The Conflict Research Programme, together with our partners the Social Science Research Council hosted a workshop seeking to understand "what works" when intervening in the security arena in our five research sites. The workshop was hosted in New York and attended by our CRP researchers, as well as UN think tank representatives. A report and podcast will be available on the workshop soon.
Annual workshop 2018, June 2018
The Conflict Research Programme hosted its first annual workshop. The workshop brought together researchers focusing on each of the research sites: Iraq, Syria, South Sudan,Somalia and the Democratic Republic of Congo (DRC), including core country teams and incoming research fellows. Sessions took place across three days, and included site-by-site updates onresearch progress and plans, and presentation. Read the full workshop report here.
Launch of the CRP, March 2018
The Conflict Research Programme was formally launched with a panel debate on 'Understanding Violence in Africa and the Middle East'. The event was facilitated by Lyse Doucet with Mary Kaldor, Rim Turkmani, Toby Dodge and Rachel Ibreck speaking to aspects of the CRP's work and Javier Solana responding. Listen to the podcast.
Workshop with the South Sudan research team
The CRP held a training workshop at a location just outside Nairobi from 22 - 29 March to bring together eight South Sudan based researchers from Abyei, Bentui, Ler, Gogrial/Wau, Malakal and Nimule. The event was aimed at introducing the South Sudanese researchers to each other, and to the wider LSE-based team, in an environment conducive to building trust and networks as well as to discussing the conflict in South Sudan. The workshop provided an opportunity to share and reflect on the wider CRP research agenda, to agree research methods, and to set research priorities for the next six months before the group reconvenes in the autumn. During the week the researchers received training and were introduced to key CRP topics including:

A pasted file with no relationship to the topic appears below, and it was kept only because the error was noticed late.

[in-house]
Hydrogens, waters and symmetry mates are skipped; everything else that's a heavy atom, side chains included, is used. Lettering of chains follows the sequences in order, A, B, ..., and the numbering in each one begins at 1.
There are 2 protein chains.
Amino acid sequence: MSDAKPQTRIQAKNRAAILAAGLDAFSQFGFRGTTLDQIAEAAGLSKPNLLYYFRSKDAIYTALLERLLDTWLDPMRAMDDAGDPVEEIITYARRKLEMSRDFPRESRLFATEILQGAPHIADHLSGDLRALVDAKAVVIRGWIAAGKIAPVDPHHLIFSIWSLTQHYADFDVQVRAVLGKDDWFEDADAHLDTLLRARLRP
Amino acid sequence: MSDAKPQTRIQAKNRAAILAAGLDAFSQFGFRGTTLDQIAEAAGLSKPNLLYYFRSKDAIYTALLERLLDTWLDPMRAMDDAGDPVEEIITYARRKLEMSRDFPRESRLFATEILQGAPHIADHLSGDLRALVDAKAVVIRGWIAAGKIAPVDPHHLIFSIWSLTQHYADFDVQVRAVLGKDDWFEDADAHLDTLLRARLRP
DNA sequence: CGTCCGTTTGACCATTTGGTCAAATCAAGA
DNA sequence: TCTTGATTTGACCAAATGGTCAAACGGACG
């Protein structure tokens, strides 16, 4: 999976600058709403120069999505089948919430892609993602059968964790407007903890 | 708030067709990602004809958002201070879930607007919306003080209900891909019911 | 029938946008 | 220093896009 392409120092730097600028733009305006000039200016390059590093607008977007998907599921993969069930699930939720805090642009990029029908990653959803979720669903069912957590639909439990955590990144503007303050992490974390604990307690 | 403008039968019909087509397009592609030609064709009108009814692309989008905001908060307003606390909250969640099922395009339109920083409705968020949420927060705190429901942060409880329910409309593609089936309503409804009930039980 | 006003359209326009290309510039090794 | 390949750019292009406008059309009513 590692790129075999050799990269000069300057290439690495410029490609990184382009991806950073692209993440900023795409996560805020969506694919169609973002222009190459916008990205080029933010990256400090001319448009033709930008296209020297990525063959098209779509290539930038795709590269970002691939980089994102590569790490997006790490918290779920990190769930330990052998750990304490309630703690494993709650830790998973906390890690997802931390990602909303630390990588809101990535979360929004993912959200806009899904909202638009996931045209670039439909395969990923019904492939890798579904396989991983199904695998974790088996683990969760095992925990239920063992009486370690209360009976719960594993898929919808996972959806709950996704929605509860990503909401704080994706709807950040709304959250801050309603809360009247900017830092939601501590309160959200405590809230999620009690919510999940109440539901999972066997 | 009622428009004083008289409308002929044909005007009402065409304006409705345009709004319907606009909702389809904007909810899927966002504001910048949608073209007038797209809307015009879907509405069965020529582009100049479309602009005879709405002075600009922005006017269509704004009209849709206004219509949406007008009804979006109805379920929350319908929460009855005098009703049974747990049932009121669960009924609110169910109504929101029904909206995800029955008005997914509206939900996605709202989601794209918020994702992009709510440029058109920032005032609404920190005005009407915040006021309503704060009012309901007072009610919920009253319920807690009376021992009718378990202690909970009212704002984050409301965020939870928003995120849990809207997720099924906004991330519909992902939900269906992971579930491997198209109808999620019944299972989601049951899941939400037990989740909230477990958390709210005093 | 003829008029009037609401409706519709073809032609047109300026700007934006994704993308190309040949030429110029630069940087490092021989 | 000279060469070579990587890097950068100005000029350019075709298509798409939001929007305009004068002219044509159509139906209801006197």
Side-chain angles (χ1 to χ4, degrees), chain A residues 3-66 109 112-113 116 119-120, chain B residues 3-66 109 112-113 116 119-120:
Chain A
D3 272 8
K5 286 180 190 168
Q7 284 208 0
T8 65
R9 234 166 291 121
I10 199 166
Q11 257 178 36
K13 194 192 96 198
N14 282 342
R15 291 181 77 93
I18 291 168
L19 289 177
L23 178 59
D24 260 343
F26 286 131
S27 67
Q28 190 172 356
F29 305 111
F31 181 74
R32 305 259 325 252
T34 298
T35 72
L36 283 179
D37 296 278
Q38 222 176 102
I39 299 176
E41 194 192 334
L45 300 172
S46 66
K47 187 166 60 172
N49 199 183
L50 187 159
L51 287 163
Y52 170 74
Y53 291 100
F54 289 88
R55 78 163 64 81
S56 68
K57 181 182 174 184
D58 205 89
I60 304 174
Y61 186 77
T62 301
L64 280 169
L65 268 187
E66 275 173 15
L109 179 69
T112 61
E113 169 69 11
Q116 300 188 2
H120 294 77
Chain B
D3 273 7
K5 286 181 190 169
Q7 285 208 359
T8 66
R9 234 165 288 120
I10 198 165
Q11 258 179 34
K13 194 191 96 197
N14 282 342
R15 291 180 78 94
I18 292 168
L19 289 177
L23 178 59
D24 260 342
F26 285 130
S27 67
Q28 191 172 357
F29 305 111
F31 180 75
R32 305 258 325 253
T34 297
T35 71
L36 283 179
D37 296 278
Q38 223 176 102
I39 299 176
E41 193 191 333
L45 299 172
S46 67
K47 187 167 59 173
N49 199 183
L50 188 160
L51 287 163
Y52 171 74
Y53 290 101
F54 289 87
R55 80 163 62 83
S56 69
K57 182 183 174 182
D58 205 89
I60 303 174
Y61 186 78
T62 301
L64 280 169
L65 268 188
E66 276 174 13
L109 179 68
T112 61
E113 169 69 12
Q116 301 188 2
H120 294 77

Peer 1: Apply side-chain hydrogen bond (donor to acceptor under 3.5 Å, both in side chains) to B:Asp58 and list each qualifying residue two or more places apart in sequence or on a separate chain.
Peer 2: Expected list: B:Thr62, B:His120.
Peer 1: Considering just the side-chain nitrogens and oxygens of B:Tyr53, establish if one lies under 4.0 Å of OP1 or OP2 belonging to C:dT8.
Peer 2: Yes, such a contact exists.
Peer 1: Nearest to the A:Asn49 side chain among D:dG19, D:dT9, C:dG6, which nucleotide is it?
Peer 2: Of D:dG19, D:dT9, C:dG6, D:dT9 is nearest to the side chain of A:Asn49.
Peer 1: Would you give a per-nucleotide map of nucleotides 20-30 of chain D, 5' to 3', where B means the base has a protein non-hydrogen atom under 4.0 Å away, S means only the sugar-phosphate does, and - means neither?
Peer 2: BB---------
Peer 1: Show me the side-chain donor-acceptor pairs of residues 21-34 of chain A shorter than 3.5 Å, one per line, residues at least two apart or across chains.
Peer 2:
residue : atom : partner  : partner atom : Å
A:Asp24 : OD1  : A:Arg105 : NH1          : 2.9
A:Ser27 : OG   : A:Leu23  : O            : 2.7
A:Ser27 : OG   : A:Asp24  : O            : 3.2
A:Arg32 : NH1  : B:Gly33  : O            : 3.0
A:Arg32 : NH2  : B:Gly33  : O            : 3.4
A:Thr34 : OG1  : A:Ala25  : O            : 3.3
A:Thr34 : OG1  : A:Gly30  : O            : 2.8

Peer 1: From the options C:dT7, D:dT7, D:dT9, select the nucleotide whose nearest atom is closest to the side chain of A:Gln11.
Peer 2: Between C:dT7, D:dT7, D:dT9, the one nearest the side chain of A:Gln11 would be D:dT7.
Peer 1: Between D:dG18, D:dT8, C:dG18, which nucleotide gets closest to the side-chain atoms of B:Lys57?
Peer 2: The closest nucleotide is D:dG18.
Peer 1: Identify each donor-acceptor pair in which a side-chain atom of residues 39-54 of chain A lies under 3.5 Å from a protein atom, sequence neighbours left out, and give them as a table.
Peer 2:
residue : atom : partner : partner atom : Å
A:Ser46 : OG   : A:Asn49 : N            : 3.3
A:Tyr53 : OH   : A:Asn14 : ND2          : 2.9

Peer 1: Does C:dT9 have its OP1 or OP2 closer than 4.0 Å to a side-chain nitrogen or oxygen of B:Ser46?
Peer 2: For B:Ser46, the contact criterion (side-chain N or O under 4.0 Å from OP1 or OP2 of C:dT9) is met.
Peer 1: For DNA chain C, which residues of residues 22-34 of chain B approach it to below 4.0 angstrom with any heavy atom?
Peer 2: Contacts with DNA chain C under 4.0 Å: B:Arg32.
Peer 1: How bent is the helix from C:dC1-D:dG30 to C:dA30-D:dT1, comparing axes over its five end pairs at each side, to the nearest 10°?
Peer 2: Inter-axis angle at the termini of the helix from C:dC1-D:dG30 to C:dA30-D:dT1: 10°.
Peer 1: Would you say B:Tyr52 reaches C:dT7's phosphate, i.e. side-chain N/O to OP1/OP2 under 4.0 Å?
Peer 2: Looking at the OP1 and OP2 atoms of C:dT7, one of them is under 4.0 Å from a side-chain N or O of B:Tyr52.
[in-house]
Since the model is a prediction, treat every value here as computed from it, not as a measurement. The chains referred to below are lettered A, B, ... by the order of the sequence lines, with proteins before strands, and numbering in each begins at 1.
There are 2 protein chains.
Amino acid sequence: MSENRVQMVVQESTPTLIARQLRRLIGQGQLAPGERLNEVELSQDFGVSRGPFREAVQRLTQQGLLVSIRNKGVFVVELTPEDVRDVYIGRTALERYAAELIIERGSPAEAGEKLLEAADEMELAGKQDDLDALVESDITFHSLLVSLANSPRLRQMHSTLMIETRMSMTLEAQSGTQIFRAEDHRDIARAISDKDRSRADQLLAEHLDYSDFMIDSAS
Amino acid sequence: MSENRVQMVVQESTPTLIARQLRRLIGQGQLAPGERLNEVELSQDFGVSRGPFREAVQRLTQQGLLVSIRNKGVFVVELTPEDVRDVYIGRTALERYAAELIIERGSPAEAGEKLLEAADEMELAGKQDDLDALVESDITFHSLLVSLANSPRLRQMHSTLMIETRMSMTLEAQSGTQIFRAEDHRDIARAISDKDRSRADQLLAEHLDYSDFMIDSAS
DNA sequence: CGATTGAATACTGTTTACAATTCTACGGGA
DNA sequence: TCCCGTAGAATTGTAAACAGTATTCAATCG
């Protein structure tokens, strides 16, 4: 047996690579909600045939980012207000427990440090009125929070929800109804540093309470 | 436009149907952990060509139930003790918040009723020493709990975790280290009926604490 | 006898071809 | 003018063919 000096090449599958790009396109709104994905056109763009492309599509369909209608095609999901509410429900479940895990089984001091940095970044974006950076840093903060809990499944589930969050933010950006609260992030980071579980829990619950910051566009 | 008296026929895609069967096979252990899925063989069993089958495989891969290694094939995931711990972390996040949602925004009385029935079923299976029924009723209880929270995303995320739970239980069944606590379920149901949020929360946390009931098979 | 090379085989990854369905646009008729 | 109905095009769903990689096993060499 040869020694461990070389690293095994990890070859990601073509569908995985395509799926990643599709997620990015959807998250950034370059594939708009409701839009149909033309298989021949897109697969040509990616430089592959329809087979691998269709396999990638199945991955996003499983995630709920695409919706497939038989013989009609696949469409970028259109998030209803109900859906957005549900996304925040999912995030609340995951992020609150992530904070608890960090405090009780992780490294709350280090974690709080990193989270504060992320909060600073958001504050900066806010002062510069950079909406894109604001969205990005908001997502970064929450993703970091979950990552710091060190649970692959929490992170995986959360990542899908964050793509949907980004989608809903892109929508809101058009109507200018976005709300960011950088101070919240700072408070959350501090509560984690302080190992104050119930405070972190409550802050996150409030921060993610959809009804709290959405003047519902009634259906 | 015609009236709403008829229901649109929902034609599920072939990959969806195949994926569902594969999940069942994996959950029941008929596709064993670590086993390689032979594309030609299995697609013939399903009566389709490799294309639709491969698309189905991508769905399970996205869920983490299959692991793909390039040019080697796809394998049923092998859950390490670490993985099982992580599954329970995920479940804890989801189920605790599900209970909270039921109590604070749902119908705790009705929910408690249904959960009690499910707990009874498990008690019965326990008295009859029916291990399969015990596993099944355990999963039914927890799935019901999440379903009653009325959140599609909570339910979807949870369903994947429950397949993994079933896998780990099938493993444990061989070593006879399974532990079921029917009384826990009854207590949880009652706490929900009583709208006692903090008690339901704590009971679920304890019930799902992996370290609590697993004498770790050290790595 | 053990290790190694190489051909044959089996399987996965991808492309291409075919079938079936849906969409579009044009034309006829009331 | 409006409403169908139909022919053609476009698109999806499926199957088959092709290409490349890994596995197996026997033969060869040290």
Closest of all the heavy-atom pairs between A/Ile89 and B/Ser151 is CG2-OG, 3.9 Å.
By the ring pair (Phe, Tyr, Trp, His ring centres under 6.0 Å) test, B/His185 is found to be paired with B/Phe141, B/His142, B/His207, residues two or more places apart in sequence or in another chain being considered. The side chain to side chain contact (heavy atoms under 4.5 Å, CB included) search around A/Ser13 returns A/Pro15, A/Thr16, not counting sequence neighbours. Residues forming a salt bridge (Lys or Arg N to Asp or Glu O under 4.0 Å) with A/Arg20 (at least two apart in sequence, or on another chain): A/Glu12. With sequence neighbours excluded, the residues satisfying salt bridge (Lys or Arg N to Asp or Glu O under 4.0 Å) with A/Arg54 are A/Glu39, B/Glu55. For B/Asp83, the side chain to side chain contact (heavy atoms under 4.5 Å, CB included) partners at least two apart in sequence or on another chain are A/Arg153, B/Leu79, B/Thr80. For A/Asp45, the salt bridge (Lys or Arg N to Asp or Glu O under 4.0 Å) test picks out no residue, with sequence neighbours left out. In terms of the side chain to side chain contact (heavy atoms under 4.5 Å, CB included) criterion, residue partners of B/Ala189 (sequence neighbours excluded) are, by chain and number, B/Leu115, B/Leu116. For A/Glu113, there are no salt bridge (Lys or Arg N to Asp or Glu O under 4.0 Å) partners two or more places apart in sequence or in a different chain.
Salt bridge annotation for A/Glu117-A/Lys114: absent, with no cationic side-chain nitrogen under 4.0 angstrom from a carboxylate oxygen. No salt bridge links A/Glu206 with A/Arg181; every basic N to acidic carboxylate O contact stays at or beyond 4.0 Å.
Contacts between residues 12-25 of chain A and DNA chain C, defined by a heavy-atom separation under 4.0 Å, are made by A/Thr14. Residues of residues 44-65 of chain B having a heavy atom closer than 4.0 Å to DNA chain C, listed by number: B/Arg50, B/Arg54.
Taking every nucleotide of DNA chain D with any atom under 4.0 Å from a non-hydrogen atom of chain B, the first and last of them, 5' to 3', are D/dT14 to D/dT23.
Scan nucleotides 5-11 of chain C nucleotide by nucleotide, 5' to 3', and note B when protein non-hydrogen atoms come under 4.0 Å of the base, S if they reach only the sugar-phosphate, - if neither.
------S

- The overall research agenda of the CRP
- DfID's "what works" principles and programme areas
- The logics forming the framework for CRP research: local authority, moral populism, the political marketplace, and civicness.
- Research methods to be used - including life histories, interviews and participant observation.
- Research ethics, risk assessment and establishing a researcher protocol
- Ensuring informed consent and research permissions
- Security and protection actor mapping
The workshop provided a space for sharing and reflecting on individual experiences of research in the different case study sites, as well as debating the drivers of conflict and identifying examples of humane and civic politics observed in each of the researcher’s localities. The workshop culminated in the formation of “The Bridge Researchers’ Network” that includes all eight permanent researchers in the South Sudan team.
International Studies Association conference
Several members of the CRP consortium presented work at the 59th International Studies Association conference, held in San Francisco from 4-7 April 2018, where Prof Mary Kaldor was presented with a Distinguished Scholar award from the Peace Studies section of ISA.